Prairie Doc Perspectives: We are more alike than different
America is grappling a difficult legacy. Our society was built by the blood and sweat of slaves, on land previously occupied by Native Americans. When we won independence, only white male property owners were fully enfranchised. Enslaved peoples were not fully counted under the constitution. Married women had no legal identity.
Immigrants, particularly from Ireland, southern Europe, and Asia faced open hostility. Catholic Churches were vandalized. Nearly 1000 Jewish refugees fleeing Nazi Germany were turned away in Miami harbor. Japanese Americans were forced from their homes and into internment camps.
We have a proud heritage of noble ideals, but we have often failed to live up to them. We have emphasized our differences, not to celebrate the rich tapestry of life they create, but to divide ourselves into “us” and “them.”
In the last 250 years, our society has moved in meaningful ways toward equal participation. Slavery is illegal. Women can own property. People of different races can marry. We still face the consequences of generations of discrimination, but most of us find we have opportunities our grandparents did not.
The LGBTQ+ community is the most recent to demand an end to discrimination. Awareness is increasing, but many people still have little information, or have misinformation, about the diversity of human sexuality and sexual identity.
Three years ago, a high school friend shocked me when she revealed that she was, in fact, a trans woman. I wonder how many other people I’ve met and cherished have felt compelled to hide something so important. We know that suicide attempts in the LGBTQ+ community are higher than in the general population, particularly for young people who are bullied in their communities or rejected at home. LGBTQ+ individuals are more likely to be victimized by violent crimes.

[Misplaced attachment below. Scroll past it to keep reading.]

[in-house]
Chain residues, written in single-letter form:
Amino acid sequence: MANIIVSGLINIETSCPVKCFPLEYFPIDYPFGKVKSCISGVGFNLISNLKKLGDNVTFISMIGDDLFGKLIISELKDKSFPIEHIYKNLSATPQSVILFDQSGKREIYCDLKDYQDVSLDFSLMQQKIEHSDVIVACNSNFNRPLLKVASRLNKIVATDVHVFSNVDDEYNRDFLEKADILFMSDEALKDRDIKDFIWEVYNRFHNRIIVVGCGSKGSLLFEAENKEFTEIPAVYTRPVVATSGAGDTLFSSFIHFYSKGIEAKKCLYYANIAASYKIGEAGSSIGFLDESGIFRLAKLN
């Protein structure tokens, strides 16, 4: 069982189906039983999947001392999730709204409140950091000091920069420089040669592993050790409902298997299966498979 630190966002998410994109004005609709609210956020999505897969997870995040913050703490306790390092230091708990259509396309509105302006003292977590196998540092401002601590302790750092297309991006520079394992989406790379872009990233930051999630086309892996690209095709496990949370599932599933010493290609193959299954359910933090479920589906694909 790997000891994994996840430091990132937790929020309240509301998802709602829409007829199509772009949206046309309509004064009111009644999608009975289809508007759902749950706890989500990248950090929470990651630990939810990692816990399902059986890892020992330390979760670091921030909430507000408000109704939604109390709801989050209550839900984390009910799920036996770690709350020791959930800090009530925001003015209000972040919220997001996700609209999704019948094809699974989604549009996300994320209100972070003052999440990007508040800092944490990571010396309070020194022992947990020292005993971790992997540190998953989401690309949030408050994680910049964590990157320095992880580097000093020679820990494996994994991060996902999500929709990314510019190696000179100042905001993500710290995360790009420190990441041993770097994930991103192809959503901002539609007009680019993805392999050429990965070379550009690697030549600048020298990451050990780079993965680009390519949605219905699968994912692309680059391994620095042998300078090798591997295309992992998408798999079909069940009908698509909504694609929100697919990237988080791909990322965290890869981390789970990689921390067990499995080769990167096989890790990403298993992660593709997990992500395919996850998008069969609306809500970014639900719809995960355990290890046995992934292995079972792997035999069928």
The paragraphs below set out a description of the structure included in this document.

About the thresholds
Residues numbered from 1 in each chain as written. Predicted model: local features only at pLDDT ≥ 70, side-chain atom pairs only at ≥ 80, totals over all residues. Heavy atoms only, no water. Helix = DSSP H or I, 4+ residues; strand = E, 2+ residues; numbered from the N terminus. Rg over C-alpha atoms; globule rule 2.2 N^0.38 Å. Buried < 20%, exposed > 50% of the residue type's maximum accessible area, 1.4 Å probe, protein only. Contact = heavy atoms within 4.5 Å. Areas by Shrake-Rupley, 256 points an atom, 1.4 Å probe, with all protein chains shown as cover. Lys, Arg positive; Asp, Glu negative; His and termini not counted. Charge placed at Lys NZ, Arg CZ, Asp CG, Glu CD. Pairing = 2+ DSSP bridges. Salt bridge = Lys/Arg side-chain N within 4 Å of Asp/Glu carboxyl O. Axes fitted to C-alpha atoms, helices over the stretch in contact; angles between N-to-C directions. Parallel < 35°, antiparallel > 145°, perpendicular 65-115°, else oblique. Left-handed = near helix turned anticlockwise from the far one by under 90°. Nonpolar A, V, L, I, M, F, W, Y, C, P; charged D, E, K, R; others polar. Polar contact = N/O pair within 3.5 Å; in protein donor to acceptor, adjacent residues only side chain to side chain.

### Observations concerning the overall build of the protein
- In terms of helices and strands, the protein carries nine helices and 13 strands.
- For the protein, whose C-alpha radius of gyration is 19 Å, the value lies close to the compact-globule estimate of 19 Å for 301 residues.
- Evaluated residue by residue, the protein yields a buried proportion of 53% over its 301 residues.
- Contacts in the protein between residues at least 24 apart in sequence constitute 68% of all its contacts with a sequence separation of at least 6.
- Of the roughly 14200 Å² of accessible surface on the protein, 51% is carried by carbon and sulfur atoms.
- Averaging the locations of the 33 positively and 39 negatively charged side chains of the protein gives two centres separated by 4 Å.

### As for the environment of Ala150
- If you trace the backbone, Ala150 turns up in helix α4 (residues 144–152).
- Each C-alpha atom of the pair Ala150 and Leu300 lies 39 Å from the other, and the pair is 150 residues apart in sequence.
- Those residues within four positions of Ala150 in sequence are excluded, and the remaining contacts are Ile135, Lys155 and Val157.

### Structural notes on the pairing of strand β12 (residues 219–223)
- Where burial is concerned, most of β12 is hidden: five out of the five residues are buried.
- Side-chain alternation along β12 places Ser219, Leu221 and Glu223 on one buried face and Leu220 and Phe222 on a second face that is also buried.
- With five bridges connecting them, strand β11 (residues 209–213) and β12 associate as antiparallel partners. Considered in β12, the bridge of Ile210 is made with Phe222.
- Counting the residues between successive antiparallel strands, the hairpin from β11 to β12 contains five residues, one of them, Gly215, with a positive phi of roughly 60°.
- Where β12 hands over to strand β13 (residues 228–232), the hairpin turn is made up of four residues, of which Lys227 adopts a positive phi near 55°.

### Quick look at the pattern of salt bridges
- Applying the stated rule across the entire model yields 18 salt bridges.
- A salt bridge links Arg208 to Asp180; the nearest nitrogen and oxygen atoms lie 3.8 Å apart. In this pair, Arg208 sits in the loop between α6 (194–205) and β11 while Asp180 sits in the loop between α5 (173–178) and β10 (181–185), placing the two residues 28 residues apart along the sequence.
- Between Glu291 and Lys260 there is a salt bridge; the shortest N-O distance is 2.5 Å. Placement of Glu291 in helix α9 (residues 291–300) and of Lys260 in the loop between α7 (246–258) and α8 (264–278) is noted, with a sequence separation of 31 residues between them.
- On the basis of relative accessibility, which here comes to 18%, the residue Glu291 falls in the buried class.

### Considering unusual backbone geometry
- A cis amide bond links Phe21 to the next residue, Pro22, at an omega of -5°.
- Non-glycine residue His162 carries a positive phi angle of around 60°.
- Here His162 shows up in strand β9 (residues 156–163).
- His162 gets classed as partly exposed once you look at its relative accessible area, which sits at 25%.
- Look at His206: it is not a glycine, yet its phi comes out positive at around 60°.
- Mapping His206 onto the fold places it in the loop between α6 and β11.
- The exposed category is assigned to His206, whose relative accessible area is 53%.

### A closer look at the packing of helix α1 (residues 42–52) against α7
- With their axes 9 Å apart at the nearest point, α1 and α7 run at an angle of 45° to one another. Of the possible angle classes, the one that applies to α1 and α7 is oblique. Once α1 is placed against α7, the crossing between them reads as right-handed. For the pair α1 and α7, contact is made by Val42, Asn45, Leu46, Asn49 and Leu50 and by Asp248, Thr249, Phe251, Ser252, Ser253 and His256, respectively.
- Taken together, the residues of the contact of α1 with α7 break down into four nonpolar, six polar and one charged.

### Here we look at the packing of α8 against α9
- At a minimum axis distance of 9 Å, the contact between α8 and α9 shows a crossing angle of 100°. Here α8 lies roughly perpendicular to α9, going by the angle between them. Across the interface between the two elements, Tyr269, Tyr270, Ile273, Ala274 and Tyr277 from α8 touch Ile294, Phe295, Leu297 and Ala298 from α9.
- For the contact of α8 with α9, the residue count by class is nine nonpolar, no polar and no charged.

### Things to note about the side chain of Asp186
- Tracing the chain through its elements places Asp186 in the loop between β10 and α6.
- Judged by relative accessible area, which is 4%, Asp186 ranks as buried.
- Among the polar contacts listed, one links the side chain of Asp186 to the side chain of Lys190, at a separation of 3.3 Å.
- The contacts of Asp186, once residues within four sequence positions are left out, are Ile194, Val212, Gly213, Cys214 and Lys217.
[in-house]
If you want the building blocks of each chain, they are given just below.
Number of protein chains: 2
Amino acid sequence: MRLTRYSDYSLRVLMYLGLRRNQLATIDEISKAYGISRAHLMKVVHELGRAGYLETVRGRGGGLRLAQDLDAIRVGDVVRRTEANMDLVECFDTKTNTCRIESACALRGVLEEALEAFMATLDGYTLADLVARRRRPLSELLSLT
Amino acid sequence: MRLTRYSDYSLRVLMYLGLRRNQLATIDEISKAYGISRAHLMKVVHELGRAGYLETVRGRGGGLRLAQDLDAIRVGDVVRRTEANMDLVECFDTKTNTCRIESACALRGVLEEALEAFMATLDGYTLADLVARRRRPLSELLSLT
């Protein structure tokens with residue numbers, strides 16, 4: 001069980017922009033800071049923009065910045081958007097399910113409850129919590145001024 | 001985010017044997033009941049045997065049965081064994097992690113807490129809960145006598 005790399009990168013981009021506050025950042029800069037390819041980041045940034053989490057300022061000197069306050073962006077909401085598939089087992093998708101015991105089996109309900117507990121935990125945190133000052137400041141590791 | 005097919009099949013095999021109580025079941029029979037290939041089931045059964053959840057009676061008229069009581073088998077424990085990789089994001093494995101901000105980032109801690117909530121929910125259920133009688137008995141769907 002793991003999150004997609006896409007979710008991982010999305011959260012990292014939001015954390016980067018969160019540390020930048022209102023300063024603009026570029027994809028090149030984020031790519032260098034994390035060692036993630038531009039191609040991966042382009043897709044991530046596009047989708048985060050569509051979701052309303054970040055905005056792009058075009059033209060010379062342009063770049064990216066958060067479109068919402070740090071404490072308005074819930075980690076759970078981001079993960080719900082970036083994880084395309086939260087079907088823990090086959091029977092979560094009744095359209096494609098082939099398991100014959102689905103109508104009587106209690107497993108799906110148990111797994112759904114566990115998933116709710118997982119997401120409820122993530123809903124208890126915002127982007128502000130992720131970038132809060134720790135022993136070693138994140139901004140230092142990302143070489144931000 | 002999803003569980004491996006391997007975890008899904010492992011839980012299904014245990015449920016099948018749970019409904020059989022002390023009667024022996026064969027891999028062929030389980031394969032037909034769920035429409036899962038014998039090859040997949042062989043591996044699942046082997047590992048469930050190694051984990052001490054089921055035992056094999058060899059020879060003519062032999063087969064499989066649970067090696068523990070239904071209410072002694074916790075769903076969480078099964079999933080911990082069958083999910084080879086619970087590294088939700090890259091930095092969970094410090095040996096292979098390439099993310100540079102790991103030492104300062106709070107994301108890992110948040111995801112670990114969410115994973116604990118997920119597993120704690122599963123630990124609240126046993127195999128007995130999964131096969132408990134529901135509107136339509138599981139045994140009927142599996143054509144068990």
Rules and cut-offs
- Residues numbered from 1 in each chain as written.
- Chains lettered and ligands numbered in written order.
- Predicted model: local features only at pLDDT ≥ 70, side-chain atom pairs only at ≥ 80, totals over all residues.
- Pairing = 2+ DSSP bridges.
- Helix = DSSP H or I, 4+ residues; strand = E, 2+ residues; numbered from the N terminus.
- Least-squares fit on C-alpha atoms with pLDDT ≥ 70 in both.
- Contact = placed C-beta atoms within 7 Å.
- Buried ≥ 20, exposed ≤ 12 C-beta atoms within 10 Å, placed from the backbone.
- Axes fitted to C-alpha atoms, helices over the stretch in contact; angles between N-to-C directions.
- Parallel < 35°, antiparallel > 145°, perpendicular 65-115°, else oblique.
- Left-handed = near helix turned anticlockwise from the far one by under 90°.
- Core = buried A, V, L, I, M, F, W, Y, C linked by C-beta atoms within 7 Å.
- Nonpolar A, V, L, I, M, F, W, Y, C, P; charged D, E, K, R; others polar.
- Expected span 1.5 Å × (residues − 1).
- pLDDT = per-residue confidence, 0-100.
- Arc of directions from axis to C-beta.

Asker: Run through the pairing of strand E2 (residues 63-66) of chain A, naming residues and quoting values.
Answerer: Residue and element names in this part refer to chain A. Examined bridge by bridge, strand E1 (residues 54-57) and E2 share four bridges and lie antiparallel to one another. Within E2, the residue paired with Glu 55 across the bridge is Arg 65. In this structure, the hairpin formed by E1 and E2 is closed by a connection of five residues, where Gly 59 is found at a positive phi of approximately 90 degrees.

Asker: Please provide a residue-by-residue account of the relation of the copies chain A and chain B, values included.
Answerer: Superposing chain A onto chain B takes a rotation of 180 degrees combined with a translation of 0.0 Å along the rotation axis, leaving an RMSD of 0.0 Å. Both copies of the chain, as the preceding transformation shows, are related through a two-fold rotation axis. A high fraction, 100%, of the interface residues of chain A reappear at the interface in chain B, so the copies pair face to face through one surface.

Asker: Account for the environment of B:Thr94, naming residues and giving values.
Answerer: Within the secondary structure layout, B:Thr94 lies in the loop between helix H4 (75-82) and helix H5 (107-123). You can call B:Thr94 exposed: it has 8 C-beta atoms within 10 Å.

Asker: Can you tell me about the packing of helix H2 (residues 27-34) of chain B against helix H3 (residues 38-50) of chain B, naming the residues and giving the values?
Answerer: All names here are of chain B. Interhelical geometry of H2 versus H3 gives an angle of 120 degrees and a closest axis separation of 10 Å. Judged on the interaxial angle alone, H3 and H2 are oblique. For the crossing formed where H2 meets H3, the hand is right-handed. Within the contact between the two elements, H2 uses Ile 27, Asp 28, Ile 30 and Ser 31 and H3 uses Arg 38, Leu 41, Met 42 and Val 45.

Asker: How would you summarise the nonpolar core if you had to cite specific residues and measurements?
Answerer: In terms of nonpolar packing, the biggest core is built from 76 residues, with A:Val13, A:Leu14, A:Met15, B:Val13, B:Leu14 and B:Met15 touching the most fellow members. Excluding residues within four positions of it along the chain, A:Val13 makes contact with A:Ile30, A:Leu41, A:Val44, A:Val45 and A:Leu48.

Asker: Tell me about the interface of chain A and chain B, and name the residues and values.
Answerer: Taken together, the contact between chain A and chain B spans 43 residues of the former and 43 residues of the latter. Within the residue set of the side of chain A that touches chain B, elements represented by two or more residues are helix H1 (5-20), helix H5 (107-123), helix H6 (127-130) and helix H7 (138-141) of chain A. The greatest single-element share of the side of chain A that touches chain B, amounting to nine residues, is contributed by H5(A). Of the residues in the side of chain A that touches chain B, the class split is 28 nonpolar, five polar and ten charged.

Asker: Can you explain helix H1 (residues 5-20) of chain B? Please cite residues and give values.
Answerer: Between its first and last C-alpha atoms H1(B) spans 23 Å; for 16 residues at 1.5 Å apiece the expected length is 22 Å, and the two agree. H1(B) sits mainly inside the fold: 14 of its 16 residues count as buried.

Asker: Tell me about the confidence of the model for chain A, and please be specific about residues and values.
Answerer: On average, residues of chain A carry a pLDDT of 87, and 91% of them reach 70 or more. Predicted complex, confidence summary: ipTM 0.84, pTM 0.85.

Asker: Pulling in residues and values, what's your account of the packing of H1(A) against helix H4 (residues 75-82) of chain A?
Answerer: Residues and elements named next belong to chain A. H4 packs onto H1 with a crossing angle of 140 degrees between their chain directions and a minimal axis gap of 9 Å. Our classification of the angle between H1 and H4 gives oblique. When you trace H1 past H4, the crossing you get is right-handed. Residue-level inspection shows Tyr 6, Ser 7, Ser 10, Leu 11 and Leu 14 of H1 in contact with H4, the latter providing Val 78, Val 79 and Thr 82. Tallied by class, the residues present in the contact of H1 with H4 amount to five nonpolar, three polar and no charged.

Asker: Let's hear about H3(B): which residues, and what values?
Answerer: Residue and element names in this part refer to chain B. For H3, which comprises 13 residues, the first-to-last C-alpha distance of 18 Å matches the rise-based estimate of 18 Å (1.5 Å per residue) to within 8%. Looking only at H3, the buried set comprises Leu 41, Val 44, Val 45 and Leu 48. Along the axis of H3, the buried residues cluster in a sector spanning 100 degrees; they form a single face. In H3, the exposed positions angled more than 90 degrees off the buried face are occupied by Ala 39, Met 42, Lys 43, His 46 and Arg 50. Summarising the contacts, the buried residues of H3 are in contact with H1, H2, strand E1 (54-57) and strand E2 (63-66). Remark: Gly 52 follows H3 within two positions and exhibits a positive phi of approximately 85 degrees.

I often think of the saying “a rising tide lifts all boats.” It reminds me that working to improve my neighbor’s wellbeing makes my own more secure. This is especially true for the neighbors who don’t look like me, who don’t pray like me, who don’t vote like me, who don’t love like me. If their rights are threatened, it is only a matter of time before mine are, as well.
We can all look back in our family trees and find someone who faced discrimination for their race, religion, or class. And of course, we all have mothers and grandmothers! Let’s remember those struggles and extend compassion. We are more alike than we are different.
— Debra Johnston, M.D., is part of The Prairie Doc team of physicians and currently practices family medicine in Brookings, S.D. For free and easy access to the entire Prairie Doc library, visit www.prairiedoc.org and follow Prairie Doc on Facebook, featuring On Call with the Prairie Doc, a medical Q&A show streamed most Thursdays at 7 p.m. central.